Figure 10: Ranking of technology alternatives or operational measures with respect to their exergetic performance.
exergetic performance
22 Next generation energy management

Next generation energy management 23

In this section we illustrate the application and beneits of exergy analysis on the
performance and eficiency assessment of marine energy systems. The cases described
cover complex integrated marine waste heat recovery systems, novel technologies for
fuel cells, and performance assessment of ships in operation.
24 Next generation energy management


Waste heat recovery (WHR) systems are promising operation optimisation [Dimopoulos et al. 2011]
solutions for eficient, cost-effective, and yielded a WHR system capable of delivering an
environmentally friendly power generation and additional 5.9 MW of power, with an overall energy
propulsion on board ocean-going ships. However, eficiency of 51.3 %, representing an annual proit of
their complexity is signiicantly increased by 680 thousand USD, with a capital cost of 2.6 million
machinery space and weight limitations, multiple USD, net present value of investment of 3.6 million
safety and operational constraints, and inherently USD, and a payback period of 8.1 years.
higher capital costs. In addition, WHR are tightly
integrated systems that have many eficiency Fig. 11 shows the WHR system model lowsheet, as
trade-offs between their various components implemented in DNV COSSMOS, along with a legend
and sub-systems. In order to investigate these of the acronyms for the major components that are
aspects, we have conducted a number of used hereafter for our exergy analysis. This lowsheet,
techno-economic modelling, simulation, and in terms of our analysis methodology of the previous
optimisation studies on integrated WHR systems, section, serves as the productive structure for the
using our in-house modelling framework DNV WHR system. In the optimal coniguration identiied
COSSMOS [Dimopoulos et al. 2011; Kakalis and in [Dimopoulos et al. 2011], we perform the exergy
Dimopoulos 2012; Kakalis et al. 2013]. Based on analysis, evaluating exergy at each node of the
these studies, we have been able to determine the system and the relevant exergetic indexes. The
optimal techno-economic design and operation exergy analysis yielded an overall exergetic eficiency
coniguration for multiple ship types and sizes of 47.8 %. The chemical exergy input from fuel at the
[Dimopoulos et al. 2011; Kakalis et al. 2013]. design point is about 85 MW and the useful power
(propulsion and electricity) produced is 42.7 MW. The
For these inherently complex systems, often rest of the fuel chemical exergy is divided into 3.5
featuring more than 70 components, exergy MW losses through exhaust gas to the environment
analysis can strengthen our techno-economic and 38.7 MW of exergy destroyed in the various
optimisation approach further, offering better processes and components, Fig. 12.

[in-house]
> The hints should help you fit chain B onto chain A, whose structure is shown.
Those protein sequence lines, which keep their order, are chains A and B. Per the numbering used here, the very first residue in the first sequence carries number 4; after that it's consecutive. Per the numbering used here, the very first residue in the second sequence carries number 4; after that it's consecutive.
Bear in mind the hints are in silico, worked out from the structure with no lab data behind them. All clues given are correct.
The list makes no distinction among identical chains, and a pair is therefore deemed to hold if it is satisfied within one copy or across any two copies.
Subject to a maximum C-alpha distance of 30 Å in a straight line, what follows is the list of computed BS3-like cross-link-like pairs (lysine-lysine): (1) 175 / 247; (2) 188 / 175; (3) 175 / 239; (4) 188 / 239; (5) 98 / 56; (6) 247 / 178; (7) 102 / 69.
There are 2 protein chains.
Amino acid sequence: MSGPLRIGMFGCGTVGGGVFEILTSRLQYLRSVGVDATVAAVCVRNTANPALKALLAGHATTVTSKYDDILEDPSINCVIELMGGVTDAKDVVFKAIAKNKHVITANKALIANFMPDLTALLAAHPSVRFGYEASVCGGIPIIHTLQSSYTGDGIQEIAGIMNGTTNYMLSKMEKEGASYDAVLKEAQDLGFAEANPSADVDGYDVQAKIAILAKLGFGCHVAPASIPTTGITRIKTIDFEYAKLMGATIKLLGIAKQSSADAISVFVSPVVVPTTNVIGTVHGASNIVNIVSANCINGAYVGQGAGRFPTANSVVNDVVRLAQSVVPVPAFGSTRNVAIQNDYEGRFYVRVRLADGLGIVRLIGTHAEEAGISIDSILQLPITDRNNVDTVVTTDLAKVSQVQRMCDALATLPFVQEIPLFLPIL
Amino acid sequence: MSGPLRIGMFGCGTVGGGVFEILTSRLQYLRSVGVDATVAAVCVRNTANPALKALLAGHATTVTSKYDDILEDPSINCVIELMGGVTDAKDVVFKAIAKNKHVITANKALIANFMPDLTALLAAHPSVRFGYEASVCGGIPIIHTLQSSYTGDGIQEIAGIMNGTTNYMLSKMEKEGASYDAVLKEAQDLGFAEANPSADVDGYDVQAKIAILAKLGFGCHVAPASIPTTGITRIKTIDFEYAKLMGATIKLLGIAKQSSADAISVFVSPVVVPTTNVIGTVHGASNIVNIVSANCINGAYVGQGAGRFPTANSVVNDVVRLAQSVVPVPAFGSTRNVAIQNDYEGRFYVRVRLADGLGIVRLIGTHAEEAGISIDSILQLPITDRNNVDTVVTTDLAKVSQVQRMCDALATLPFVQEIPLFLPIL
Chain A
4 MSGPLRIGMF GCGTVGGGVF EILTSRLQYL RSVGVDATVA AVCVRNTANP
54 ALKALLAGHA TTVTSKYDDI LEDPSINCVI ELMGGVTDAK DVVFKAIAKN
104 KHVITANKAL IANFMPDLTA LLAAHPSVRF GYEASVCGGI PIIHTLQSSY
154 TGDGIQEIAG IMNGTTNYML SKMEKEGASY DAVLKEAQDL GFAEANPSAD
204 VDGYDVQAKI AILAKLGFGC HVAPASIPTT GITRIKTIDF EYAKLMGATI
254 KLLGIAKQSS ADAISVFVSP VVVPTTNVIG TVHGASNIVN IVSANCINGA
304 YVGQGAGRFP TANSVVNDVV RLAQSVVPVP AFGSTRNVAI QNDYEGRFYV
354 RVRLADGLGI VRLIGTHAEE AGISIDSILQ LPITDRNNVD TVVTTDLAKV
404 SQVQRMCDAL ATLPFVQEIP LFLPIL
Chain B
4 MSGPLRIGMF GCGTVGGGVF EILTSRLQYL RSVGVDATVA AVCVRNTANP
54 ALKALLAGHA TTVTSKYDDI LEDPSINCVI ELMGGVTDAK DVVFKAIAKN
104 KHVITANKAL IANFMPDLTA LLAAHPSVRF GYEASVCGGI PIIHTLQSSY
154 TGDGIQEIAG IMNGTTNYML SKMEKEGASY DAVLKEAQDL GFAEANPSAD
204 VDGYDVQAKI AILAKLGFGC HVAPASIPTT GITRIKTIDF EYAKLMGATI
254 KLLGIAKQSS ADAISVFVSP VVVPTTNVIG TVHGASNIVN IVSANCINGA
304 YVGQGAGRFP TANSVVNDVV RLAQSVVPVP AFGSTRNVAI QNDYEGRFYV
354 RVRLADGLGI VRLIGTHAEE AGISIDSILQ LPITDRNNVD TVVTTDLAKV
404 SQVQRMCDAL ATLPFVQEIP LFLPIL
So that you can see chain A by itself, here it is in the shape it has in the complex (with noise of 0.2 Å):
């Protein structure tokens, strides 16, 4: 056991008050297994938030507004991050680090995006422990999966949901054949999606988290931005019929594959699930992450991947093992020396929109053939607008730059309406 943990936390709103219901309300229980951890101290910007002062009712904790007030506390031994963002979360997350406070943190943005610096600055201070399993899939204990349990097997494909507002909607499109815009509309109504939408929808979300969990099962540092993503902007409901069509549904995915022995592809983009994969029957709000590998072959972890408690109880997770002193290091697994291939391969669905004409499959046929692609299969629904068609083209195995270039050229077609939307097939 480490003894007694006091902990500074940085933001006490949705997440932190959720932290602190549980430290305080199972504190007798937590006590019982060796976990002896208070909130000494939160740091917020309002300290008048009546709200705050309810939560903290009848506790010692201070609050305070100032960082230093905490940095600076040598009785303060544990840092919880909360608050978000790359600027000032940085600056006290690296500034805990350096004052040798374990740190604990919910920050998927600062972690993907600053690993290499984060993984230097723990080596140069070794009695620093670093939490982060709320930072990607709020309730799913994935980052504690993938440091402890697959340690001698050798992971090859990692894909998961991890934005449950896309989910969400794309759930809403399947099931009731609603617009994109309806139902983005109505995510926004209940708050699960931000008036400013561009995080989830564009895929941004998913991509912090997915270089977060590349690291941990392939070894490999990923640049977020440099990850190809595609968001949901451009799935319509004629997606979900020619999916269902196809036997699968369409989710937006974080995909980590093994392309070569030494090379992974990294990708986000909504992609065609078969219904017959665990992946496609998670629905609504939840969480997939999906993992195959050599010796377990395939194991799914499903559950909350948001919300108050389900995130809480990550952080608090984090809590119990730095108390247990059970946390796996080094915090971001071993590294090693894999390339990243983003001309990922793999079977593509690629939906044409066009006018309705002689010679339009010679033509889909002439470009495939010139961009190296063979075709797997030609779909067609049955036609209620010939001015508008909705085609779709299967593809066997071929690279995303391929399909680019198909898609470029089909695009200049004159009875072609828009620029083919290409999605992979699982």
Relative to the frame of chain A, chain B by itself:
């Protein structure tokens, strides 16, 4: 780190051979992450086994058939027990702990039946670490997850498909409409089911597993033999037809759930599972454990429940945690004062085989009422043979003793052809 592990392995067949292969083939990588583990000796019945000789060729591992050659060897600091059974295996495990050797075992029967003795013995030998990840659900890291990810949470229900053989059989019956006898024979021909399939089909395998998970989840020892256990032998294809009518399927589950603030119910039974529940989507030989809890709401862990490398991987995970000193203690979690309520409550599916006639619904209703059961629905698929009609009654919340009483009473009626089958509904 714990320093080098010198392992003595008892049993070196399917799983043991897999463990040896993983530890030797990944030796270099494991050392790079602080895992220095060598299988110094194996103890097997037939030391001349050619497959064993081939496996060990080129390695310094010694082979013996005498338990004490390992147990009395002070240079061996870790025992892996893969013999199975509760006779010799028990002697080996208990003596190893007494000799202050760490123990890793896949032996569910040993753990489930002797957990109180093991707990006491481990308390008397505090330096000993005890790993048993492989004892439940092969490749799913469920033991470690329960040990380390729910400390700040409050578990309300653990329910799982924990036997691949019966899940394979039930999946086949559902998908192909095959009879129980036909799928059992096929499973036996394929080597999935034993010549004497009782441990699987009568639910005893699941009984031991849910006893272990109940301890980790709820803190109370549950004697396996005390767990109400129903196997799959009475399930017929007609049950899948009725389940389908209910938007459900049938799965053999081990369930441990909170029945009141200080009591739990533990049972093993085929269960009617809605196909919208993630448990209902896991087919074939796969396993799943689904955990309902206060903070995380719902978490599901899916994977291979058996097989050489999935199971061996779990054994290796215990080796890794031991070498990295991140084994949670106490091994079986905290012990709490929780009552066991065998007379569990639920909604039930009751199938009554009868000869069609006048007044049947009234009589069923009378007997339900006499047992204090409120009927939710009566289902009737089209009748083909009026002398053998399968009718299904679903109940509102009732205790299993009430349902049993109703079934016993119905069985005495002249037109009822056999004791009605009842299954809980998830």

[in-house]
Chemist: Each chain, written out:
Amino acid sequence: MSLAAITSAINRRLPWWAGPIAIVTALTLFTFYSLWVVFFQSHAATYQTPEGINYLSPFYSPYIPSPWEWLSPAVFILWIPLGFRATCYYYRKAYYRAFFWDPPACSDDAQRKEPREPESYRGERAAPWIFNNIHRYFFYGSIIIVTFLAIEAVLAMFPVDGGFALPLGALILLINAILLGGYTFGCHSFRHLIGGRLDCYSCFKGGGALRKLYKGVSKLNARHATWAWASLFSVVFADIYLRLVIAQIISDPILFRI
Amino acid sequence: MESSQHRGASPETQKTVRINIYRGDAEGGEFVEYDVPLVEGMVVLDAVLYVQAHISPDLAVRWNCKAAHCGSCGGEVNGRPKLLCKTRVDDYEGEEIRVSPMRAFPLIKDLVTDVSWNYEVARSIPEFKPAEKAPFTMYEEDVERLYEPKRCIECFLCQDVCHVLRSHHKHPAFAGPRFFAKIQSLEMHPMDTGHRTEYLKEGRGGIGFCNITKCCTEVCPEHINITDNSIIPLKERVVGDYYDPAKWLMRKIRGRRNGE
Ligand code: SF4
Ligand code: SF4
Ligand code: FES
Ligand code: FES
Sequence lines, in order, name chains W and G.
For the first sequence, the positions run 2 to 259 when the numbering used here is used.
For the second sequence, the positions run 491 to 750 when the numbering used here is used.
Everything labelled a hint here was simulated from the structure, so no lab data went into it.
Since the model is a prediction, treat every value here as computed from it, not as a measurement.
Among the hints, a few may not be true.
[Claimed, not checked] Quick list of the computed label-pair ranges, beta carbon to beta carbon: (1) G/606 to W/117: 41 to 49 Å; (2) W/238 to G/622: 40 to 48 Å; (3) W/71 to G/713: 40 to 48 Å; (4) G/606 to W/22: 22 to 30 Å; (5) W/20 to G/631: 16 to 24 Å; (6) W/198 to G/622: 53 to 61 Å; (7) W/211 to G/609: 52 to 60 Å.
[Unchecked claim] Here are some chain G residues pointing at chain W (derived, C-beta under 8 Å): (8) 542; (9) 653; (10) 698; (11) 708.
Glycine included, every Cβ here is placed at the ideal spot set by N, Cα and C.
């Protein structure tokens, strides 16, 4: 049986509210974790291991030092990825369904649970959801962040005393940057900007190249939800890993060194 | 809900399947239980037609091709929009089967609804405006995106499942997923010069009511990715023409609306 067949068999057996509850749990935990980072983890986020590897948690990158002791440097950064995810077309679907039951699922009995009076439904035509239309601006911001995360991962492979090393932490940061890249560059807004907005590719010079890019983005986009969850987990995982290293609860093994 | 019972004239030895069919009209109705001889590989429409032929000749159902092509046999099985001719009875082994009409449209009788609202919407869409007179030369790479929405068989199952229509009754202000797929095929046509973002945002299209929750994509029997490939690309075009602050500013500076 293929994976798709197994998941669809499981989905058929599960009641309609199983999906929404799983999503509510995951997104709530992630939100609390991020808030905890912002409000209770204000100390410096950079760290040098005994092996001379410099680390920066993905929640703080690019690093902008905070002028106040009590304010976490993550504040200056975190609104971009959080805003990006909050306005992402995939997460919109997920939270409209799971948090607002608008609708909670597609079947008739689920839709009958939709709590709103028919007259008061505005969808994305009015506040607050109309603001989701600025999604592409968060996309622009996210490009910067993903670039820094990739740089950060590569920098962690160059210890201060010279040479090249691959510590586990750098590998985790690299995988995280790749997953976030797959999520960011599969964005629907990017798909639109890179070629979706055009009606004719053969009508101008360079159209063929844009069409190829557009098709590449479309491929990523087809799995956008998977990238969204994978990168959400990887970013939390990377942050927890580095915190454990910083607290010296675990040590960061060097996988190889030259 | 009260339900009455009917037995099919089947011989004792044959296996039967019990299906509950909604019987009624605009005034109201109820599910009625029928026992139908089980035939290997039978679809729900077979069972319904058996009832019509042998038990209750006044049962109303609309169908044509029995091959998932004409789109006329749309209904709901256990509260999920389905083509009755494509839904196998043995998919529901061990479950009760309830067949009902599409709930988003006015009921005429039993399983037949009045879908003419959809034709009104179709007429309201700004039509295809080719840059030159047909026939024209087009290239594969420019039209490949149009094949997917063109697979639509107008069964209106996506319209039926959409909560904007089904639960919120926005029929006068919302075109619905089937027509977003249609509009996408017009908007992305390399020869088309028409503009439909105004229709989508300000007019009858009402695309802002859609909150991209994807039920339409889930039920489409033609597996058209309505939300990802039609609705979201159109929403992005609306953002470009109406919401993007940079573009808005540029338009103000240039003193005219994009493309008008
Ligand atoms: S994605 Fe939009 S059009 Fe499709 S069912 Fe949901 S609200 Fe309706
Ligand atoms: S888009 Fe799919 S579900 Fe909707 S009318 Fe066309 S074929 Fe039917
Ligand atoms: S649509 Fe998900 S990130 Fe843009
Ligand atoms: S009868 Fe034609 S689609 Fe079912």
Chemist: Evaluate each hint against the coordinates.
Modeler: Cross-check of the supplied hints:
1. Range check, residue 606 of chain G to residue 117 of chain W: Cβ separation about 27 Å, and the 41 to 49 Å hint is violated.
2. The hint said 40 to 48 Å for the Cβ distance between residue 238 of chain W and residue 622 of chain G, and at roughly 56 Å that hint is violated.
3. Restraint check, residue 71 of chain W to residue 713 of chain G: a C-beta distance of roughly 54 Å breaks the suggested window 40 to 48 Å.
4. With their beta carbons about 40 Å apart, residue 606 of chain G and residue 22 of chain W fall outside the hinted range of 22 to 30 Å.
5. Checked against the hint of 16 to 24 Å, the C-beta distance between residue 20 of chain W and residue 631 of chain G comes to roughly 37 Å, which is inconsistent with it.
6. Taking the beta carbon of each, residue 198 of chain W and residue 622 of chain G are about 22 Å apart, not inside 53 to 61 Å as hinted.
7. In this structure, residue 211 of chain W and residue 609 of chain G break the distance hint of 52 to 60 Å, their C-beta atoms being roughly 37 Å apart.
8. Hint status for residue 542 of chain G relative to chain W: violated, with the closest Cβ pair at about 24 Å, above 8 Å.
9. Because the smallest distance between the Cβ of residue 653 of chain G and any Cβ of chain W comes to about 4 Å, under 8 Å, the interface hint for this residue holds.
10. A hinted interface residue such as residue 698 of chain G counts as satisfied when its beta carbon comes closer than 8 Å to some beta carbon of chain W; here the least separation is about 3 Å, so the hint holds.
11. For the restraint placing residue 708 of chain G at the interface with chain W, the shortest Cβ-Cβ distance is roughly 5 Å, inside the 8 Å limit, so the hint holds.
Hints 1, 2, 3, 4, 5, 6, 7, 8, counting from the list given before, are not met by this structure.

insights into the energy conversion process by
identifying and ranking the components of the In addition to the exergy balance results at a systems’
system with respect to their contribution to the level, component level exergetic performance is also
overall exergy destruction. This approach has evaluated. The metric of most interest for our case is
been presented in detail in [Dimopoulos et al. the component-relative exergy destruction . Using
2012]. We used the WHR system for a 4500 TEU this index, we can rank the system components
containership with a 36.5 MW diesel engine. A based on their contribution to the overall exergy
DNV COSSMOS techno-economic design and destruction (i.e. losses), as summarised in Table 5.
Next generation energy management 25

Figure WHR system flowsheet with listing of components, acronyms, and numbering of stream 
WHR system flowsheet with listing of components, acronyms, and numbering of stream 
Figure 11: system lowsheet with listing of components, acronyms, and numbering of stream nodes used in the exergy analysis.
nodes used in the exergy analysis. 
nodes used in the exergy analysis. 


3.5 MW Losses to the


39.6 MW Propulsion

Fuel input 85 MW
3.1 MW

Exergy flow diagram33 of the WHR at its design point.
Exergy flow diagram  of the WHR at its design point. Exergy
38.7 MW

Figure 12: Exergy low diagram3 of the WHR at its design point.

While energy low diagrams are referred to as Sankey diagrams, exergy low diagrams are usually called Grassmann diagrams.
26 Next generation energy management

Table 5: Ranking of WHR system components based on their irreversibility contributions.

From the results in Table 5 we can see that which the system integrator has limited power of
diesel engine combustion is by far the greatest intervention, being restricted to selecting from
contributor (81.7 %) to the system’s exergy engines available in the market.
destruction. Next, at 6.1 %, is losses to the
environment. These results indicate that the A sub-system of interest is the engine turbocharger,
combustion process of marine diesel engines with a cumulative contribution of 3.6 % to the
is a key item for future research and system overall exergy destruction. This sub-system is
improvement. However, this is usually a ield in actually the largest contributor after the diesel
Next generation energy management 27

engine combustion block and the inevitable exhaust eficiency has a profound impact on the viability
gas losses to the environment. One possibility of the investment, producing a 30 % increase in
when designing WHR systems is to include the the net present value and reducing the payback
turbocharger matching and selection into the period to 4 years. This beneit is achieved due to
optimisation process. This clearly has the potential to the turbocharger now being more suited to the